3 x/wk, 40 min/session, aerobic exercise (cycle ergometer for 30 min, plus 5 min warm-up and 5 min cool-down) for 6 wks

BDI

Tomas-Carus et al. [28]

Portugal

34 women with FM assigned to aquatic exercise (n = 17, \( \overline{x} \) ± SD = 51 ± 10 yrs of age) or control group (n = 17, \( \overline{x} \) ± SD = 51 ± 9 yrs of age)

3 x/wk, pool exercises performed in warm water, 20 min aerobic, 60-65% MHR, 20 min strength exercises, 4 sets, 10 reps, for 12 wks

FIQ (depression)

Tomas-Carus et al. [29]

Portugal

33 women with FM assigned to aquatic exercise (n = 17, \( \overline{x} \) ± SD = 50.7 ± 10.6 yrs of age) or control group (n = 16, \( \overline{x} \) ± SD = 50.9 ± 6.7 yrs of age)

3 x/wk, pool exercises performed in warm water, 20 min aerobic, 60-65% MHR, 20 min strength exercises, 4 sets, 10 reps, for 8 months

FIQ (depression)

Valim et al. [30]

Brazil

76 women with FM assigned to an exercise (n = 38, \( \overline{x} \) ± SD = 47 ± 10 yrs of age) or stretching group (n = 38, \( \overline{x} \) ± SD = 44 ± 11 yrs of age)

3 x/wk, 45 min/session, aerobic exercise group walked, for 20 wks. Stretching (control) group 3 x/wk, 45 min/session, 17 exercises for flexibility but without raising HR, for 20 wks

BDI

Valkeinen et al. [31]

Finland

26 women with FM assigned to a strength training (n = 13, \( \overline{x} \) ± SD = 60.2 ± 2.5 yrs of age, range 57–64 yrs) or control group (n = 13, \( \overline{x} \) ± SD = 59.1 ± 3.5 yrs of age, range 54–65 yrs)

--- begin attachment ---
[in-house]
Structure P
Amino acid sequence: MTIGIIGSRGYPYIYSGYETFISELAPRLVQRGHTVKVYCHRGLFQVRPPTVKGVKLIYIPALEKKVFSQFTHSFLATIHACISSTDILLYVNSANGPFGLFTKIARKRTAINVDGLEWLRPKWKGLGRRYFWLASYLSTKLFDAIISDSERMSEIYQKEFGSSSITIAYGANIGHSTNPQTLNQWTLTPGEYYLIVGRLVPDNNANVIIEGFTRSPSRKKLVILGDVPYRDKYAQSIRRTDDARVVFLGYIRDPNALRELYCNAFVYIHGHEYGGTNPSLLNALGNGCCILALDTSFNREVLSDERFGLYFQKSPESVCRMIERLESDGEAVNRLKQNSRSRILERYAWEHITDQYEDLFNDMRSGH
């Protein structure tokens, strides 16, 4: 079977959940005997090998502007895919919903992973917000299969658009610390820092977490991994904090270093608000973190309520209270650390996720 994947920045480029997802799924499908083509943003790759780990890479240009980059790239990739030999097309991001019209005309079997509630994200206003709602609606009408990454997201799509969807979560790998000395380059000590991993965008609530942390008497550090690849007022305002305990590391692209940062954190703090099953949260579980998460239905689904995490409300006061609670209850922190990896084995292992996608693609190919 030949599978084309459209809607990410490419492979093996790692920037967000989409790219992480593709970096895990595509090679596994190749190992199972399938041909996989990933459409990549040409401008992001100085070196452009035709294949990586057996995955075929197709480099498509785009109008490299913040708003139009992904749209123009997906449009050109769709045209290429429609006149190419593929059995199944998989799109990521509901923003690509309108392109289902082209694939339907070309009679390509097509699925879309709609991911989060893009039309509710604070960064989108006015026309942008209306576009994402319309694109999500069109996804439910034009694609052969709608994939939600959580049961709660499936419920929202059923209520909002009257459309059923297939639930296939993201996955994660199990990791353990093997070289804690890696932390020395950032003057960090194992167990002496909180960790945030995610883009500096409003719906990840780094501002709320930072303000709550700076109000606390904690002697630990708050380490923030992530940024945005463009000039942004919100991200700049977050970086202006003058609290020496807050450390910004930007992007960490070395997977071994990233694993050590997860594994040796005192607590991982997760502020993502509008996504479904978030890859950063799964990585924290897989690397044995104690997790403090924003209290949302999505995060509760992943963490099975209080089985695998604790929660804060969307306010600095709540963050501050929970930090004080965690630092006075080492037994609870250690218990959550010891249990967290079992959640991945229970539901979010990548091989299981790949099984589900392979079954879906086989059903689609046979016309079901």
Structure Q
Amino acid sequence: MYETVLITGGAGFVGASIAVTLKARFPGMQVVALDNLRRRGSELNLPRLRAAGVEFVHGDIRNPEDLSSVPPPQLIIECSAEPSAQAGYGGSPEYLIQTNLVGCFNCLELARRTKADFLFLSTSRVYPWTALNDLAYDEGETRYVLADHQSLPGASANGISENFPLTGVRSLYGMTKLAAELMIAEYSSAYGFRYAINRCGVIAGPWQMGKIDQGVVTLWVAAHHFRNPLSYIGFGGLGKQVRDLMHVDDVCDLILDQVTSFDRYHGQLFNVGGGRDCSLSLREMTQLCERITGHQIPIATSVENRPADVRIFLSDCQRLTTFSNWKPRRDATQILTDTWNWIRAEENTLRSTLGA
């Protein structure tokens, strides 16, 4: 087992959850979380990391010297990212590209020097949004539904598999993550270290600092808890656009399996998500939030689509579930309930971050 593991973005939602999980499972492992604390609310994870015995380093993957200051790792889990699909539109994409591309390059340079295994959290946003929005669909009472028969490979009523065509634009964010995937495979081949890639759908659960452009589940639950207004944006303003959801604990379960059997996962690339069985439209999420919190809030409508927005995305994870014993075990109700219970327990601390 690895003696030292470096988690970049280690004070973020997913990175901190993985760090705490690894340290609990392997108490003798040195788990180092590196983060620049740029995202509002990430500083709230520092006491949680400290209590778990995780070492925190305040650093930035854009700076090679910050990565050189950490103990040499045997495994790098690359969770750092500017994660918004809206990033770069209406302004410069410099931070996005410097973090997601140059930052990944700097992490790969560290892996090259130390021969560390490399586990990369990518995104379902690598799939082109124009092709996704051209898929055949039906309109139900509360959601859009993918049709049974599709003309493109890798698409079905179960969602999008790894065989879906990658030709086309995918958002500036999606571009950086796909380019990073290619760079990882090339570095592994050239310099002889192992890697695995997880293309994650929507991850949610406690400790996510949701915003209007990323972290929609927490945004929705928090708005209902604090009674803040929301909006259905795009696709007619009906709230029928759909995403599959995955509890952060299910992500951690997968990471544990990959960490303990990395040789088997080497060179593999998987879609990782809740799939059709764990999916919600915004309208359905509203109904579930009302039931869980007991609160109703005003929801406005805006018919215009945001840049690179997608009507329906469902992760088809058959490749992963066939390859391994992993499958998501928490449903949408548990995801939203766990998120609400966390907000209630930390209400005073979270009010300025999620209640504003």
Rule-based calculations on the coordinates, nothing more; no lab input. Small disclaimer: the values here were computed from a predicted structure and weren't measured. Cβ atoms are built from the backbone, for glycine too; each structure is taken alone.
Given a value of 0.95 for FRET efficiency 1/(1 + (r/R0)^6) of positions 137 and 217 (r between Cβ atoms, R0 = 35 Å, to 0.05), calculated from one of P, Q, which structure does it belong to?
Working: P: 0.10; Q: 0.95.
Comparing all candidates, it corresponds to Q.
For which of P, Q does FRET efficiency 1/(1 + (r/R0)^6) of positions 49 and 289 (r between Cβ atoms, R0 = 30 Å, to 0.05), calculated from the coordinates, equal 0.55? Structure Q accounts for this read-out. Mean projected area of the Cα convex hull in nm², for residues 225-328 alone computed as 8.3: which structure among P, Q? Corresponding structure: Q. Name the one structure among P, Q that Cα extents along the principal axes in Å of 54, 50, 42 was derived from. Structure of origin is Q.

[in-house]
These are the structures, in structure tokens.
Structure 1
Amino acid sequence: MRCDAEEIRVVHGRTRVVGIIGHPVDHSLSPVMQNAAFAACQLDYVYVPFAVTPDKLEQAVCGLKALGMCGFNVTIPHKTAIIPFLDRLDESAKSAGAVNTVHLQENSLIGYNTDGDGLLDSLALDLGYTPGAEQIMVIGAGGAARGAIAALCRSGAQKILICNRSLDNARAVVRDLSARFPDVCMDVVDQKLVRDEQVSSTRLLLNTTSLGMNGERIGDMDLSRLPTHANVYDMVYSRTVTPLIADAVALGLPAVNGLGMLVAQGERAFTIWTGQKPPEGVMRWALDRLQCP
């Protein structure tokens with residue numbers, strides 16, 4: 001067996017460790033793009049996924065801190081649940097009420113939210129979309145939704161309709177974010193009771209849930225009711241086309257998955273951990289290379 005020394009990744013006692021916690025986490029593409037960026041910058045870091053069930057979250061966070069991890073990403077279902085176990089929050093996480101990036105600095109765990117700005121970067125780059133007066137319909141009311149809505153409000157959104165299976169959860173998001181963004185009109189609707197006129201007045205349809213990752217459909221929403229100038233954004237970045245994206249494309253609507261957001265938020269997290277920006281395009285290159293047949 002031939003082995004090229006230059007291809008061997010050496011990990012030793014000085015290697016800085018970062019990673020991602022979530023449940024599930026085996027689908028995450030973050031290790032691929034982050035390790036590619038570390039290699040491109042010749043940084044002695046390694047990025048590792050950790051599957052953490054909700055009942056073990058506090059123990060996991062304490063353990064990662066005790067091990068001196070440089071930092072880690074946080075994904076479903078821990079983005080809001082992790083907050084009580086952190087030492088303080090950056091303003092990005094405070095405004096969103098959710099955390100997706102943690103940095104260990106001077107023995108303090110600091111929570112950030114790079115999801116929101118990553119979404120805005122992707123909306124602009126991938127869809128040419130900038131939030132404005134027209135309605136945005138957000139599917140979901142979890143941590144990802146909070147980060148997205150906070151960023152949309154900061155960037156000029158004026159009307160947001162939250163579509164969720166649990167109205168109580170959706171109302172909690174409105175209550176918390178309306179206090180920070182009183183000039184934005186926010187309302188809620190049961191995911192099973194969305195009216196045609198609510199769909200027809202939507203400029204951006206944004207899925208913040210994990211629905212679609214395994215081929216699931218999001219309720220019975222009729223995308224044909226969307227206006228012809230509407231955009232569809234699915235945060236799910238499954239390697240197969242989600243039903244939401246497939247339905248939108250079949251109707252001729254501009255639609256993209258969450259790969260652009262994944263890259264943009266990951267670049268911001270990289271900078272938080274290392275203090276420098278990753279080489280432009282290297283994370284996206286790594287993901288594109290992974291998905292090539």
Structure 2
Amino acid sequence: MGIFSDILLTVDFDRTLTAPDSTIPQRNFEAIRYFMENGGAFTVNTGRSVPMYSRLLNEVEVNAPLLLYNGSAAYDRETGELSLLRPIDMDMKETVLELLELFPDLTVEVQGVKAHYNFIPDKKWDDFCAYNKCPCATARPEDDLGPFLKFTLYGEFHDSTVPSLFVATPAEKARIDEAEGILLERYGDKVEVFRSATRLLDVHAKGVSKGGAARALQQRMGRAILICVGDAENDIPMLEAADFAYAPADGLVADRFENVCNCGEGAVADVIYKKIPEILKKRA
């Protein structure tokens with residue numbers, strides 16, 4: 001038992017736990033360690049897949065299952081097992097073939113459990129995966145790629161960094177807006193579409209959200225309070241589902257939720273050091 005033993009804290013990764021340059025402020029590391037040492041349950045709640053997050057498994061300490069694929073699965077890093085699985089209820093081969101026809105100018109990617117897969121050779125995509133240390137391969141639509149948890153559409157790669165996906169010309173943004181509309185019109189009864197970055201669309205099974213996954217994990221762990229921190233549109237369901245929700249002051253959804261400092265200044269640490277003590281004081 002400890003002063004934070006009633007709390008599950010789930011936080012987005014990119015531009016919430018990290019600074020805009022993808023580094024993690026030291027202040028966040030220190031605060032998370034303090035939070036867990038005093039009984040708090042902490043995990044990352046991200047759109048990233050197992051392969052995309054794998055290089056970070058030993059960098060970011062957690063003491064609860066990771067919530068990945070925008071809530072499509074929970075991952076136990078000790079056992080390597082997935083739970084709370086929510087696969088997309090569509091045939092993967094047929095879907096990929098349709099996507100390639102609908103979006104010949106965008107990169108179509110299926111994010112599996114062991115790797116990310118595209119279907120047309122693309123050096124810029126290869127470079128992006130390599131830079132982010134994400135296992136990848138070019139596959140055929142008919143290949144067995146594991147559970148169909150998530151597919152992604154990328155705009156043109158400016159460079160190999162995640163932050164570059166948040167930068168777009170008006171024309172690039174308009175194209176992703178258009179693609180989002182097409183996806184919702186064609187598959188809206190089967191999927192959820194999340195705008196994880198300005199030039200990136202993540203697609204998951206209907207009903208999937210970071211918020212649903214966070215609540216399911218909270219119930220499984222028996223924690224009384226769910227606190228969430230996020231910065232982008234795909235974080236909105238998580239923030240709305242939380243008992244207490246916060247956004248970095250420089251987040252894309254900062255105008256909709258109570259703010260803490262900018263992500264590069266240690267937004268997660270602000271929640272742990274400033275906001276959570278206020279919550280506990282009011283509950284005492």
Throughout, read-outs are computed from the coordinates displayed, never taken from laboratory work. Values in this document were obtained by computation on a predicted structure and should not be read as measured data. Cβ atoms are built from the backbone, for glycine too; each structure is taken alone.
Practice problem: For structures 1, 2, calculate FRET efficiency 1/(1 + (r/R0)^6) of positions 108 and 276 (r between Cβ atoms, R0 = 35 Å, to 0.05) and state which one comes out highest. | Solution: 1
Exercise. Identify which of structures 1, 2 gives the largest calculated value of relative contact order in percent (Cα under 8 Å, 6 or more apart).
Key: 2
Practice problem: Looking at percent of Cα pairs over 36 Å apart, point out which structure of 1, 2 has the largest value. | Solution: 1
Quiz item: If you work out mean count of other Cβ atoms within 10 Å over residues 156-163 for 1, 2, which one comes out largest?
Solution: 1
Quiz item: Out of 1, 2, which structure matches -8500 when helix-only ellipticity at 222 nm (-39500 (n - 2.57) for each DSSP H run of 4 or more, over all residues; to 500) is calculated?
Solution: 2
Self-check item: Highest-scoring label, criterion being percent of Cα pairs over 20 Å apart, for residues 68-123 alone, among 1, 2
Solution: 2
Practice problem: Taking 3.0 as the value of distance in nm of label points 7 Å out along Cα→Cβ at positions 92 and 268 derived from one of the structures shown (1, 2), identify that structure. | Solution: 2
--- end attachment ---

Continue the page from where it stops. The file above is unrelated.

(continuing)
2 x/wk, 60–90 min/session, strength training, 7–8 exercises, 3–5 sets, 5–20 reps, 40-70% 1 RM, for 21 wks

BDI

Wang et al. [32]

United States

40 men and women with knee OA assigned to a Tai Chi (n = 20, \( \overline{x} \) ± SD = 63 ± 8.1 yrs of age) or attention control group (n = 20, \( \overline{x} \) ± SD = 68 ± 7 yrs of age)

2 d of supervised Tai Chi for 30 min; Tai Chi every day at home for at least 20 min; 10 forms of classic Yang style Tai Chi, for 12 wks

CES-D

Wang et al. [33]

United States

66 men and women with FM assigned to a Tai Chi (n = 33, \( \overline{x} \) ± SD = 49.7 ± 11.8 yrs of age) or attention control group (n = 33, \( \overline{x} \) ± SD = 50.5 ± 10.5 yrs of age)

2 d of supervised Tai Chi (Yang Style-10 forms) for 60 min; Tai Chi every day at home for at least 20 min, for 12 wks

CES-D

Wigers et al. [34]

Norway

40 men and women with FM assigned to an aerobic exercise (n = 20, \( \overline{x} \) ± SD = 43 ± 9 yrs of age, range 23–62 yrs) or treatment-as-usual group (n = 20, \( \overline{x} \) ± SD = 46 ± 9 yrs of age, range 29–73 yrs)

3 x/wk, 18–20 min/session of aerobic exercise with 1) music session, 2) aerobic games (tag, ball games) at 60-70% MHR, for 14 wks

VAS